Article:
Sub Categories: » HOMEPAGE / OPINION/ YUSUF KANLI
Tuesday, September 13 2011 , Your time is 15:58:00
In pro-government and allegiant media many pundits have been exploring the reasons behind the 48.6 percent “No” vote.
It is so interesting to see how naive some Western leaders can be.
The much discussed referendum has become history. As expected, the “yes” vote aimed at ushering Turkey into a super-presidential system with President Recep Tayyip Erdoğan emerged victorious by a razor-thin majority.
Will Sunday’s referendum in Turkey on switching from its problematic parliamentary governance to an presidential system - with almost no checks and balances - provide Turkey its long sought stability, reliance and fast growth?
With the question “When will they collapse this time?” occupying minds, the Cyprus negotiations left behind yet another crisis and resumed on April 11. In Turkey, meanwhile, only five days were left before a crucial vote that may be of existential importance for the future of the country
Before it was converted into a propaganda outlet of the presidency and the Justice and Development Party (AKP) government, the Turkish Radio and Television Corporation (TRT) was a state-run news broadcaster
The countdown has started. Can the country go down a one-man rule - however it might be described - or will the nation, despite the massive and official pro-“Yes” campaign, say it will not succumb to it and agree on giving up parliamentary democracy despite all its deficiencies?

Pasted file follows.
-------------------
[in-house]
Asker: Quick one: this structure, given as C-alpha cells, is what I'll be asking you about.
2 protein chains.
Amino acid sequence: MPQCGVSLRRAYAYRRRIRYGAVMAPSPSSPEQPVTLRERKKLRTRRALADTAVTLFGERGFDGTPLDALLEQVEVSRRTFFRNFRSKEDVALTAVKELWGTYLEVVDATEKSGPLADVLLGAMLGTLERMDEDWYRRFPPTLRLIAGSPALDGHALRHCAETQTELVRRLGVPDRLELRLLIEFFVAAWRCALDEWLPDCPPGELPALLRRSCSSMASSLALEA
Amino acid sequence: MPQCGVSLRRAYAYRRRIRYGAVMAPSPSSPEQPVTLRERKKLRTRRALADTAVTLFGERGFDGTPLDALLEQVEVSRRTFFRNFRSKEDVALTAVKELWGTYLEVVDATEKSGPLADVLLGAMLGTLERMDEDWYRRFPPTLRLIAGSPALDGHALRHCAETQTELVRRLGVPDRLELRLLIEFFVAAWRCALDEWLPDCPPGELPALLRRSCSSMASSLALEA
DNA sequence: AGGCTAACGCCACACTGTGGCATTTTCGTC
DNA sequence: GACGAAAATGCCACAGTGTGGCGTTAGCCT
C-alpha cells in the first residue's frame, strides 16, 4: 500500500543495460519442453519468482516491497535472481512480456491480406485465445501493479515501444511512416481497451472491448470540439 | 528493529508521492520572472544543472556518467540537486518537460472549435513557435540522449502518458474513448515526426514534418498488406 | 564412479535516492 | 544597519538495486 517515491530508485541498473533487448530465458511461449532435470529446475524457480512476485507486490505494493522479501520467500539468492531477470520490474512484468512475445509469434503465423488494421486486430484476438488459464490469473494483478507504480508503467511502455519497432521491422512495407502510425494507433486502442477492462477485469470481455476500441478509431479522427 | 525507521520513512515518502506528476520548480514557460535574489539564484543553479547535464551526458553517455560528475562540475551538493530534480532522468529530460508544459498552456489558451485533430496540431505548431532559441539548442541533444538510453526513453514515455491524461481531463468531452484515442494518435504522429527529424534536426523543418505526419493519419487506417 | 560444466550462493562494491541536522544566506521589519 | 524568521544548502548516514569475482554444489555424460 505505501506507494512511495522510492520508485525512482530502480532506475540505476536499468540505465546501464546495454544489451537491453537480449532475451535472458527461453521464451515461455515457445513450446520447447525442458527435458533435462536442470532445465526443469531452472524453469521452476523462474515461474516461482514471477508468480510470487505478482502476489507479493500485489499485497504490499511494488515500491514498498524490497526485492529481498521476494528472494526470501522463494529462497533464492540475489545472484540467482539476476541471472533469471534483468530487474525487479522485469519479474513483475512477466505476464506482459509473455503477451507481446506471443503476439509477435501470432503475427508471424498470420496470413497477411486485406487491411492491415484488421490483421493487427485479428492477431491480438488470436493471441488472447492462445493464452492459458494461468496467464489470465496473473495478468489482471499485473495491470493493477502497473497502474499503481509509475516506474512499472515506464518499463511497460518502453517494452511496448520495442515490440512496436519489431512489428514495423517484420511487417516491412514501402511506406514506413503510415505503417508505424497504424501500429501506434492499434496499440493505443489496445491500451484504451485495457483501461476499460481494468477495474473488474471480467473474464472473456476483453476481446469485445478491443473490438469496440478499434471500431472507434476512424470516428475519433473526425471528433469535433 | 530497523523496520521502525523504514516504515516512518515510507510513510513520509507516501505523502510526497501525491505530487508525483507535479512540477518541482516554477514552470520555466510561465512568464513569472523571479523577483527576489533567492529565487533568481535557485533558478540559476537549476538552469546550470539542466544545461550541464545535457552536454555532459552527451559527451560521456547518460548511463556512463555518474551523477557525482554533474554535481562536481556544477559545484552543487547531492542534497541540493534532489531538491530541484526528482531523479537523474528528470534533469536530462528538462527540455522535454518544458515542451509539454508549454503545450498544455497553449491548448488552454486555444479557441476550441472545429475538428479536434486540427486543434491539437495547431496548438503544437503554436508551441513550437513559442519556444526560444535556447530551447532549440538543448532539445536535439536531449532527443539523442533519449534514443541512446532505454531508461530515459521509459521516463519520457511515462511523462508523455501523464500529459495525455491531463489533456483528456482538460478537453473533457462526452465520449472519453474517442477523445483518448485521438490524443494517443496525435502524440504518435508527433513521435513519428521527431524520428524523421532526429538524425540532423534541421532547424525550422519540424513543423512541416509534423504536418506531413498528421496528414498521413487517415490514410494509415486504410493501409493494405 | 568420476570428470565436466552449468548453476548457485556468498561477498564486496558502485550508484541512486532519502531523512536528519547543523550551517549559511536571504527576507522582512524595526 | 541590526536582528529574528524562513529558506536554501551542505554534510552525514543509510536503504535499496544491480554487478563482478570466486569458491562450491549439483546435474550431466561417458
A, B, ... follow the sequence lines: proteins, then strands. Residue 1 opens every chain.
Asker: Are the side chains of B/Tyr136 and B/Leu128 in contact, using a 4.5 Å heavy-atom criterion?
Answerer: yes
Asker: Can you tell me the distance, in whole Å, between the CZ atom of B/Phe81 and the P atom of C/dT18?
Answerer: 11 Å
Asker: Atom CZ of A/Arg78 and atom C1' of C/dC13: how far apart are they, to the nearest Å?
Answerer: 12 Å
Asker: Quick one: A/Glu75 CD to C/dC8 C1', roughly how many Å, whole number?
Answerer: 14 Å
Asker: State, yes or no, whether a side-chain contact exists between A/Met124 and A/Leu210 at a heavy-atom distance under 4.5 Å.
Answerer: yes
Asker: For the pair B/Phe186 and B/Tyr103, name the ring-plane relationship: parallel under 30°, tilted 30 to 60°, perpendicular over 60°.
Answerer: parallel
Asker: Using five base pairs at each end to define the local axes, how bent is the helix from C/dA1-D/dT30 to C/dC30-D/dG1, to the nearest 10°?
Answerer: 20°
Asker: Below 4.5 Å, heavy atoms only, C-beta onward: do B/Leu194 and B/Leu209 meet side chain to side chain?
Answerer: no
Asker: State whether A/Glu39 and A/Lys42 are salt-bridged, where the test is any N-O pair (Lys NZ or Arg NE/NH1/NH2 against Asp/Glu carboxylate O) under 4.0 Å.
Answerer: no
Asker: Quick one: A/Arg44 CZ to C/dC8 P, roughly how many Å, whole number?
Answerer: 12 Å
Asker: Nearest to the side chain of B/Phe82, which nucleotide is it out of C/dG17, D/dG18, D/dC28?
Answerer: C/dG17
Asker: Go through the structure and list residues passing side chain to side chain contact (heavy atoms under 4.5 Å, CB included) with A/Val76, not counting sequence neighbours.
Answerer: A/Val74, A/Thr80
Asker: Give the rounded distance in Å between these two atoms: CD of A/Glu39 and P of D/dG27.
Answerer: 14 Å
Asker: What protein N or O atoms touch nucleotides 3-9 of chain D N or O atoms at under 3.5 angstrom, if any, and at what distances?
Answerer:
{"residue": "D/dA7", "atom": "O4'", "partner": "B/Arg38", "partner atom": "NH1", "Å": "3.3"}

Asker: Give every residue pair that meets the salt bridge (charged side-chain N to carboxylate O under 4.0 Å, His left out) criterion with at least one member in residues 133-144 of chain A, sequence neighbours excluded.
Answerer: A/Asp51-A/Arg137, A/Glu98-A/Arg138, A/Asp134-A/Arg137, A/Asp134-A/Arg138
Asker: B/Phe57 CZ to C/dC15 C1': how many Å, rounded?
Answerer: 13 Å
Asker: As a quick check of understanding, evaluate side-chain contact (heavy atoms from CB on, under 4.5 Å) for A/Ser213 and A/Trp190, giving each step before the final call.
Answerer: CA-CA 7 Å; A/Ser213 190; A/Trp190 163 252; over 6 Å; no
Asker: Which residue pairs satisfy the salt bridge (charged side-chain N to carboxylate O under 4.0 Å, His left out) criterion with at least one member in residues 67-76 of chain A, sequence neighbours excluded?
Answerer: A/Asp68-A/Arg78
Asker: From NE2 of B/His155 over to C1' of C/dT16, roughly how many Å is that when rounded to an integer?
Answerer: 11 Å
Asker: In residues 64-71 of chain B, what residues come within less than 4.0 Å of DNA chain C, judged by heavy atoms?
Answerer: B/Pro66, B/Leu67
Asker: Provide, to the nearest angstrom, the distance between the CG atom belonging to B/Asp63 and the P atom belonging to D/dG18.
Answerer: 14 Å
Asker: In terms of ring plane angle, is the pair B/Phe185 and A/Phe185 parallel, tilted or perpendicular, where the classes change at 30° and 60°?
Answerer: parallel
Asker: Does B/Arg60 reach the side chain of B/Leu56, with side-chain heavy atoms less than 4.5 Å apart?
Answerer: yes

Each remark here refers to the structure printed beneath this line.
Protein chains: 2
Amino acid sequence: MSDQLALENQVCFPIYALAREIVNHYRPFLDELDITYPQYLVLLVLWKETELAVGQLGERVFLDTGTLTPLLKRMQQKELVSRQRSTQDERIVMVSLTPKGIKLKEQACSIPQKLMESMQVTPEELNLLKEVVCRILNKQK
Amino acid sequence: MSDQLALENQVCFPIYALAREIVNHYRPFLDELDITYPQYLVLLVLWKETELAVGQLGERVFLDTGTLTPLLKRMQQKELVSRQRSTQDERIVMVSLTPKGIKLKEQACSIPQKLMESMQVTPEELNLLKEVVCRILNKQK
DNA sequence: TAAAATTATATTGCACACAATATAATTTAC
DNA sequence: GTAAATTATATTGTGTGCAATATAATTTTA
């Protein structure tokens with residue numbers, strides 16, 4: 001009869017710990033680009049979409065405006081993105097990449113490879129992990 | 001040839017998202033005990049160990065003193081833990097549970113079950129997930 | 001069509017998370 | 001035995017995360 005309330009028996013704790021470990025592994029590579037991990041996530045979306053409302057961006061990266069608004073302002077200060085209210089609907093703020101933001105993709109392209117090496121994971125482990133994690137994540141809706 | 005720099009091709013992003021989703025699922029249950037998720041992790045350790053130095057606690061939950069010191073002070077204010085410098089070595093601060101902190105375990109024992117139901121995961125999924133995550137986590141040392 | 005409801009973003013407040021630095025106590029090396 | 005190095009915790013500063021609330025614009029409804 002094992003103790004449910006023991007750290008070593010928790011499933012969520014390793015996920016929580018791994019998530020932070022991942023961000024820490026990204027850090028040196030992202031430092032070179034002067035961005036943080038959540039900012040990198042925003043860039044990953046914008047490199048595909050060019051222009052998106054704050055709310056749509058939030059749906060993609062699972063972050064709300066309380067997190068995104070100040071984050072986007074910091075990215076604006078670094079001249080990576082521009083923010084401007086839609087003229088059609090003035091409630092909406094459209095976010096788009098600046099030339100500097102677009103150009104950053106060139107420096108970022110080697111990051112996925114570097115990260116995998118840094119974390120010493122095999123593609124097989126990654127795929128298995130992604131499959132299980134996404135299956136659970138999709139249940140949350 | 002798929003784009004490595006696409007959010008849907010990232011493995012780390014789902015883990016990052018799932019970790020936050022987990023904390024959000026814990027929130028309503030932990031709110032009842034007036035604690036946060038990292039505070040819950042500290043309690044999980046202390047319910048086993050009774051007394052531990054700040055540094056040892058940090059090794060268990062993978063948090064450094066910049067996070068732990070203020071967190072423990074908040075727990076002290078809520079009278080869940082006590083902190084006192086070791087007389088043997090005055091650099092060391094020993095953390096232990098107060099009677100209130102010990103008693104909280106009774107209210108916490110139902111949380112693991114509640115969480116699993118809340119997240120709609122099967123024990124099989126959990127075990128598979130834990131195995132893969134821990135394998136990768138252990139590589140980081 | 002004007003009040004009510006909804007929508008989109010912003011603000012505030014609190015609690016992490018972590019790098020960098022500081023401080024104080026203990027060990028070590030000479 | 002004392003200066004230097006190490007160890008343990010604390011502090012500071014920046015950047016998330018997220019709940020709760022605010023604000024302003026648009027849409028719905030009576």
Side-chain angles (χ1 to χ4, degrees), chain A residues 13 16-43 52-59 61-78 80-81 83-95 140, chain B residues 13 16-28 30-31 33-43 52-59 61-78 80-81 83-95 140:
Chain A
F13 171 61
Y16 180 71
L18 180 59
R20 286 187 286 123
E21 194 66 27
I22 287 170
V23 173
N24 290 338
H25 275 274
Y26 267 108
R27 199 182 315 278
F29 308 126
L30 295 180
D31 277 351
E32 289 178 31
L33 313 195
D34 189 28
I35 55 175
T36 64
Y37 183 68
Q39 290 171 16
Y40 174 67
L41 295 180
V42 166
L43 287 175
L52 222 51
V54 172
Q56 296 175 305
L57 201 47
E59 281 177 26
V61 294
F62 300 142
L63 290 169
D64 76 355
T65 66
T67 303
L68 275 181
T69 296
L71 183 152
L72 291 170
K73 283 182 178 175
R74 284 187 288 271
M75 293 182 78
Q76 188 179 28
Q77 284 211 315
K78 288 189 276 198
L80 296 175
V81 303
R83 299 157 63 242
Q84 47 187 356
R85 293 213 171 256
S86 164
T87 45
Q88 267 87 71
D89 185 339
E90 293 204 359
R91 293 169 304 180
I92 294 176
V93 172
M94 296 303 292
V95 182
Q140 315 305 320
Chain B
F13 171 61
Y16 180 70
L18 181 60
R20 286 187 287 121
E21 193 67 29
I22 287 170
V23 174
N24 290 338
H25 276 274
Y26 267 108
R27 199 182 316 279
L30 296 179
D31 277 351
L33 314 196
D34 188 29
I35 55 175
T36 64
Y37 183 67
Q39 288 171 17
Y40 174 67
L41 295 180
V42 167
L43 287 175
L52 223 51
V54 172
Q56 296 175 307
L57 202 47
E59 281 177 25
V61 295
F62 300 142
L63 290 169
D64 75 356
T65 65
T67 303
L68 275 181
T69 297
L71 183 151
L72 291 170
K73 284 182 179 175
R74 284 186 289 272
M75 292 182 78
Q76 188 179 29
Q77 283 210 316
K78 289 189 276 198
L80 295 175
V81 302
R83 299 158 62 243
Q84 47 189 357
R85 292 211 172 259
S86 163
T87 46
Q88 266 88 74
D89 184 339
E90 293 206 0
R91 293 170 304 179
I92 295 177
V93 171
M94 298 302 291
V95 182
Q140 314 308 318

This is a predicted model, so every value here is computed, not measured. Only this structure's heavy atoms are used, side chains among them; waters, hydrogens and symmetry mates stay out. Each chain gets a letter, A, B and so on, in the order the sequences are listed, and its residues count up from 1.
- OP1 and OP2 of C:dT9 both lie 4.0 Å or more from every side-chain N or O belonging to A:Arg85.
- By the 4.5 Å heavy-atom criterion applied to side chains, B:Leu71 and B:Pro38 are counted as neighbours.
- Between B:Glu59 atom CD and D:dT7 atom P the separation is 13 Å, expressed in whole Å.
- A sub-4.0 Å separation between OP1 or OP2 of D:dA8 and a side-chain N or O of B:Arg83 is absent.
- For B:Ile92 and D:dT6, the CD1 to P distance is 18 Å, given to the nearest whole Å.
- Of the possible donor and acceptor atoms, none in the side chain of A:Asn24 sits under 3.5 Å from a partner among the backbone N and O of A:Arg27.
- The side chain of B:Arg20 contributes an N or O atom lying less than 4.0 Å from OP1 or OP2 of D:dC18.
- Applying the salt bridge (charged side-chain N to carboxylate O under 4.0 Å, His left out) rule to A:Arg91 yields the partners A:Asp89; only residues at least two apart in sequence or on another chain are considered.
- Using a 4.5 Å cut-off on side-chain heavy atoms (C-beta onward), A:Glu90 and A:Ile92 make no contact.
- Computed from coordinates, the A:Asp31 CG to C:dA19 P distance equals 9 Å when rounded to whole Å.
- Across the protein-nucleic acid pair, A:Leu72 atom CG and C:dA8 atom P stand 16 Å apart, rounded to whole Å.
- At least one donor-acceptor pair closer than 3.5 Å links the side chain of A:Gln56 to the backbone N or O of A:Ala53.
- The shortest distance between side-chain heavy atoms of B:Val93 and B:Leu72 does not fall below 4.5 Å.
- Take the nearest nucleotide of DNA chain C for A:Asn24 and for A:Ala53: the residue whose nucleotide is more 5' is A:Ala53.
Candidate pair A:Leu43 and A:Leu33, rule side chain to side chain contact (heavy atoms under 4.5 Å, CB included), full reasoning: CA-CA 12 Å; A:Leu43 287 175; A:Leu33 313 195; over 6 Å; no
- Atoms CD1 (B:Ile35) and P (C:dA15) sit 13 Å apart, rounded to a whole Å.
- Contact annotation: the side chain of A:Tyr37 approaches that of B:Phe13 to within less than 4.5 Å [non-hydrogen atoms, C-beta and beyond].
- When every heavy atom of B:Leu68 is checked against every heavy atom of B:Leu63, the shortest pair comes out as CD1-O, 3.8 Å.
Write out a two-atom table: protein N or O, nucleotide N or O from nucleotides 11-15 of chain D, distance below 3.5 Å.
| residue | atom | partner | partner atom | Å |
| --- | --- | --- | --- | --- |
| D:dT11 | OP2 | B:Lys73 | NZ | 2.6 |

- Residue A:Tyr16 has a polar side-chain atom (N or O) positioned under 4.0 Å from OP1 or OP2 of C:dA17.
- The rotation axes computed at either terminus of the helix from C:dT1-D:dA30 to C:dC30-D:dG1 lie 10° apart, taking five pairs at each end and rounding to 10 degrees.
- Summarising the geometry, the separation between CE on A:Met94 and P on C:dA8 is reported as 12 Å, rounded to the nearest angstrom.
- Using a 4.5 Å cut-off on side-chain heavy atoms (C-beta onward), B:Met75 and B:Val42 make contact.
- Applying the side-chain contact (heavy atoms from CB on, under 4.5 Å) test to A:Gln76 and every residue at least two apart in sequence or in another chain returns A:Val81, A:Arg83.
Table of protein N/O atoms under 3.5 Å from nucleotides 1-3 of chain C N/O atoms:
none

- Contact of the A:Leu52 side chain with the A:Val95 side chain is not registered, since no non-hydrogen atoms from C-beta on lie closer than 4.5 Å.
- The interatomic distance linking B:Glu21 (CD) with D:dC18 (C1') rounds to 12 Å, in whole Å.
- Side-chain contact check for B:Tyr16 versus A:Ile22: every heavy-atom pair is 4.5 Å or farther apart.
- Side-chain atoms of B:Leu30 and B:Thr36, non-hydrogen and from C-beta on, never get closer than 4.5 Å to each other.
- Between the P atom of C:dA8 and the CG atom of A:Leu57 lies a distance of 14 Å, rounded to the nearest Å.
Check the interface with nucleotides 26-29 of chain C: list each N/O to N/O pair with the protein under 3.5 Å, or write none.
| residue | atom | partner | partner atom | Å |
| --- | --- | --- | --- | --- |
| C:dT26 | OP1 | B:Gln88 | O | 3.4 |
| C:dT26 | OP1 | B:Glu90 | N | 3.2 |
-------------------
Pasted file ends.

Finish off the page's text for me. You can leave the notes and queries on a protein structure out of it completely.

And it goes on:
Past generations spoke with experience and the knowledge that comes with age. Otherwise, how could they wisely stress that “he who gets up in anger, sits down with loss?” Similarly, past generations have whispered into our ears that “strong vinegar first harms its jar.”
Was it Albert Einstein who described insanity as “doing the same thing over and over again and expecting different results?” If what he said was right, the mental status of everyone involved in the futile Cyprus diplomacy and peacemaking efforts since 1968 can be called into question
When angered by the inappropriate attitudes of friends, don’t we often say “With friends like you, who needs an enemy?” Seeing the awful performance of Greek Foreign Minister Nikos Kotzias ever since he assumed the foreign minister portfolio in Alexis Tsipras’ government, perhaps that expression should be reworded as “With Kotzias as foreign minister, do the Greeks need an enemy?”
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